>> you can't focus group your way out of this one. people don't want someone to agree with them 100%. they want somebody to take their concerns to heart and listen and appreciate them. >> reporter: it's a different kind of listening than we see on election day, because typically the party in power, in this case, the republicans, will lose legislative seats. this is the first big test of that. and for people like kellen squire, they are going out and knocking on doors and making phone calls. even when somebody slams the door in your face, he just had that happen this weekend, when somebody said, i can't vote for you, you're a democrat, hillary clinton's a crook. brought up the whole e-mail thing. he just keeps going. the way they put it in run for something is building a bench. you want a woman president? you got to start now. >> chris jansing, thank you for that. we'll be looking for more from your series later this week. much appreciated. i want to bring in msnbc political reporter allen psychs joining the panel. good to have you onset. >> thank you for having me. >> you have the democrat saying essentially he's going to run
away from nancy pelosi. that's not new, but do you think we'll see more of that come 2018? >> i do. this is what you always heard in private whispered behind the scenes from democratic law makers and candidates, the elephant in the room, since we are talking about democrats here, but more senior people are speaking out against it. they watched what happened in the georgia special earlier this year with the adds tagging nancy pelosi. and there's a generational change here. the entire house leadership on the democratic side is run by people in their 70s. and there's a younger crop of people coming in. the huge crop of kaencandidatest stepped up and are not super loyal to the leadership. >> how does the party nationally get involved in this? do they, will they, how should they make that happen? >> i was speaking to folks at the dnc who said, even like tom perez, other leaders are going out to the red states and getting involved with millenials at the grassroots level is
trying to build relationships with the people to get them involved in politics really early on with the goal, perhaps eventually of running opposed to just ranting on facebook. so it's been relationship building and just getting out of the offices. >> this downplays one person. he's not going to go and speak with every single candidate, so how about from the coordination aspect of it? >> there's a lot of money. so they have to figure out how to target races and where to get money. and you're seeing young people, you're seeing a lot of women running in this coming cycle. we have heard a lot of reports that there is a lot of interest after '16. but i think also the other thing interesting is what lessons does the party take from the new message that the candidates are running on. one of the criticisms out of '16 was that the party struggled to find a coherent message. >> to define their own message, right. >> does the fresh blood help with that? >> you heard the races coming up, virginia, new jersey, out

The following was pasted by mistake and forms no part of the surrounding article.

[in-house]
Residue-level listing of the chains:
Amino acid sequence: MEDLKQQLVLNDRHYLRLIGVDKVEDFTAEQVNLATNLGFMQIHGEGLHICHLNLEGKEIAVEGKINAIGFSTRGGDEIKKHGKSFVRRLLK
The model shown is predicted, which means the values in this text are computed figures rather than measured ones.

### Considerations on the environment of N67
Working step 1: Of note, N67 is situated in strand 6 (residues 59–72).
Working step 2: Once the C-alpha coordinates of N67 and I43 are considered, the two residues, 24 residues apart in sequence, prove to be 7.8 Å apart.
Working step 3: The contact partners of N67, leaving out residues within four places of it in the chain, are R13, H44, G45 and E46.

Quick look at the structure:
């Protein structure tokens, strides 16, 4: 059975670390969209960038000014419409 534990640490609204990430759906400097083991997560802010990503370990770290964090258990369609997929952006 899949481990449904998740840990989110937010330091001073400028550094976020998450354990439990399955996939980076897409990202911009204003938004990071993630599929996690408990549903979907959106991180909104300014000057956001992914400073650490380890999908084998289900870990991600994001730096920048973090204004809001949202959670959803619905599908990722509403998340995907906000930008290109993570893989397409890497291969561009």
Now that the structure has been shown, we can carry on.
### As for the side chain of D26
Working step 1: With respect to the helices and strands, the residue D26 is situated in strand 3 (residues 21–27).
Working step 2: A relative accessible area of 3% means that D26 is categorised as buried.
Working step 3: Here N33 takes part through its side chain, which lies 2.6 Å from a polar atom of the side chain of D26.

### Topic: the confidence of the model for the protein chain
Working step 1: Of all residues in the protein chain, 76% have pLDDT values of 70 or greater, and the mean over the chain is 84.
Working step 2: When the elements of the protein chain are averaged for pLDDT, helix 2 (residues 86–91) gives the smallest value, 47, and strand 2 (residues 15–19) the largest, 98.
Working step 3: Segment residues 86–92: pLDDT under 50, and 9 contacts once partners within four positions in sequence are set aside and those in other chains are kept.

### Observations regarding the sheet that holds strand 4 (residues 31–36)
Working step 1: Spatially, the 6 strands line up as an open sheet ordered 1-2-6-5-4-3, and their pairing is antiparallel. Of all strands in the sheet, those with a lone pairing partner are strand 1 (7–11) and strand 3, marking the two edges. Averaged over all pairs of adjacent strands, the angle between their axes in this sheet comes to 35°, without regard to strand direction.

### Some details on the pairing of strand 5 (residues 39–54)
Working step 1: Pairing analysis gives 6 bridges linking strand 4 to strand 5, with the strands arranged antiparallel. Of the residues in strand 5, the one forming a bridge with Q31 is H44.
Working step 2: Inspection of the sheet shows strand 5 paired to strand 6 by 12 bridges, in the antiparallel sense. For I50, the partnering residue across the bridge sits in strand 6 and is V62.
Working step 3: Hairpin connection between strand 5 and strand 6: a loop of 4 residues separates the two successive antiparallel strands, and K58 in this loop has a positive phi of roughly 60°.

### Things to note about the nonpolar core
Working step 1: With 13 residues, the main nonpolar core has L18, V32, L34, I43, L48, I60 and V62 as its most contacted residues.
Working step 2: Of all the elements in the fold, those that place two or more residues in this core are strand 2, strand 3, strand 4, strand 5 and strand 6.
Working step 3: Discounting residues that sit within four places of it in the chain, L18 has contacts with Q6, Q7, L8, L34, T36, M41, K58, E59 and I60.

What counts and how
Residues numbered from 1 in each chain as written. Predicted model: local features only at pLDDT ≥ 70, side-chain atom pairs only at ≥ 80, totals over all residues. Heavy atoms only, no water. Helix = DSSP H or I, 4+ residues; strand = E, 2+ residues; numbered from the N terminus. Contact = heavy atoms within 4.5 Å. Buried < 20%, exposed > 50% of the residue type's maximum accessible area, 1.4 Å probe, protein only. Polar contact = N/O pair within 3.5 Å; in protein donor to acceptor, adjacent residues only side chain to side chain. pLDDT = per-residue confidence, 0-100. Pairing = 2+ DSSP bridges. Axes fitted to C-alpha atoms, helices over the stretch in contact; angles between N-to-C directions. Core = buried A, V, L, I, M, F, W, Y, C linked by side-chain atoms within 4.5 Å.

west, california has become one of the most interesting political landscapes in the country. you have the state senator kevin delion announcing he'll run for senate, why should people pay attention to this? what the s the context of this? >> dianne feinstein is a legend in the democratic party. it is a generational guide. kevin de leon is not a bernie lefty guy. but there's a lot of pent-up frustration that the guys have not moved up and been the same democratic leadership. pay attention, because this is the aid of the democratic party in california. you'll have two democrats going up against each other in the general election. >> is anything transferable out of that? any lessons or things that we see in california applicable on a broader sense? >> i think it gives you a sense of where the party is going, especially if you look ahead to 2020 in the presidential election, these are the grassroots, the heart and soul of the party. of course, in california. >> it is nice to have you on,
alex sykes. eugene scott, katherine lucy, thank you both for being here as well. coming up, we are sticking with the white house theme with my colleague peter alexander over at the north lawn with new comments from president trump just while we have been on the air. we talked about the radio blitz he's been doing. some big headlines out after that related to comments on the families of the fallen. you do not want to miss it after the break. dairy and apple producers in the eastern united states supported by innovative packaging that extends the shelf life of foods and infrastructure upgrades that help us share our produce with the world. all across new york state, we're building the new new york. to grow your business with us in new york state, visit esd.ny.gov let's take a look at some numbers: 4 out of 5 people who have a stroke, their first symptom...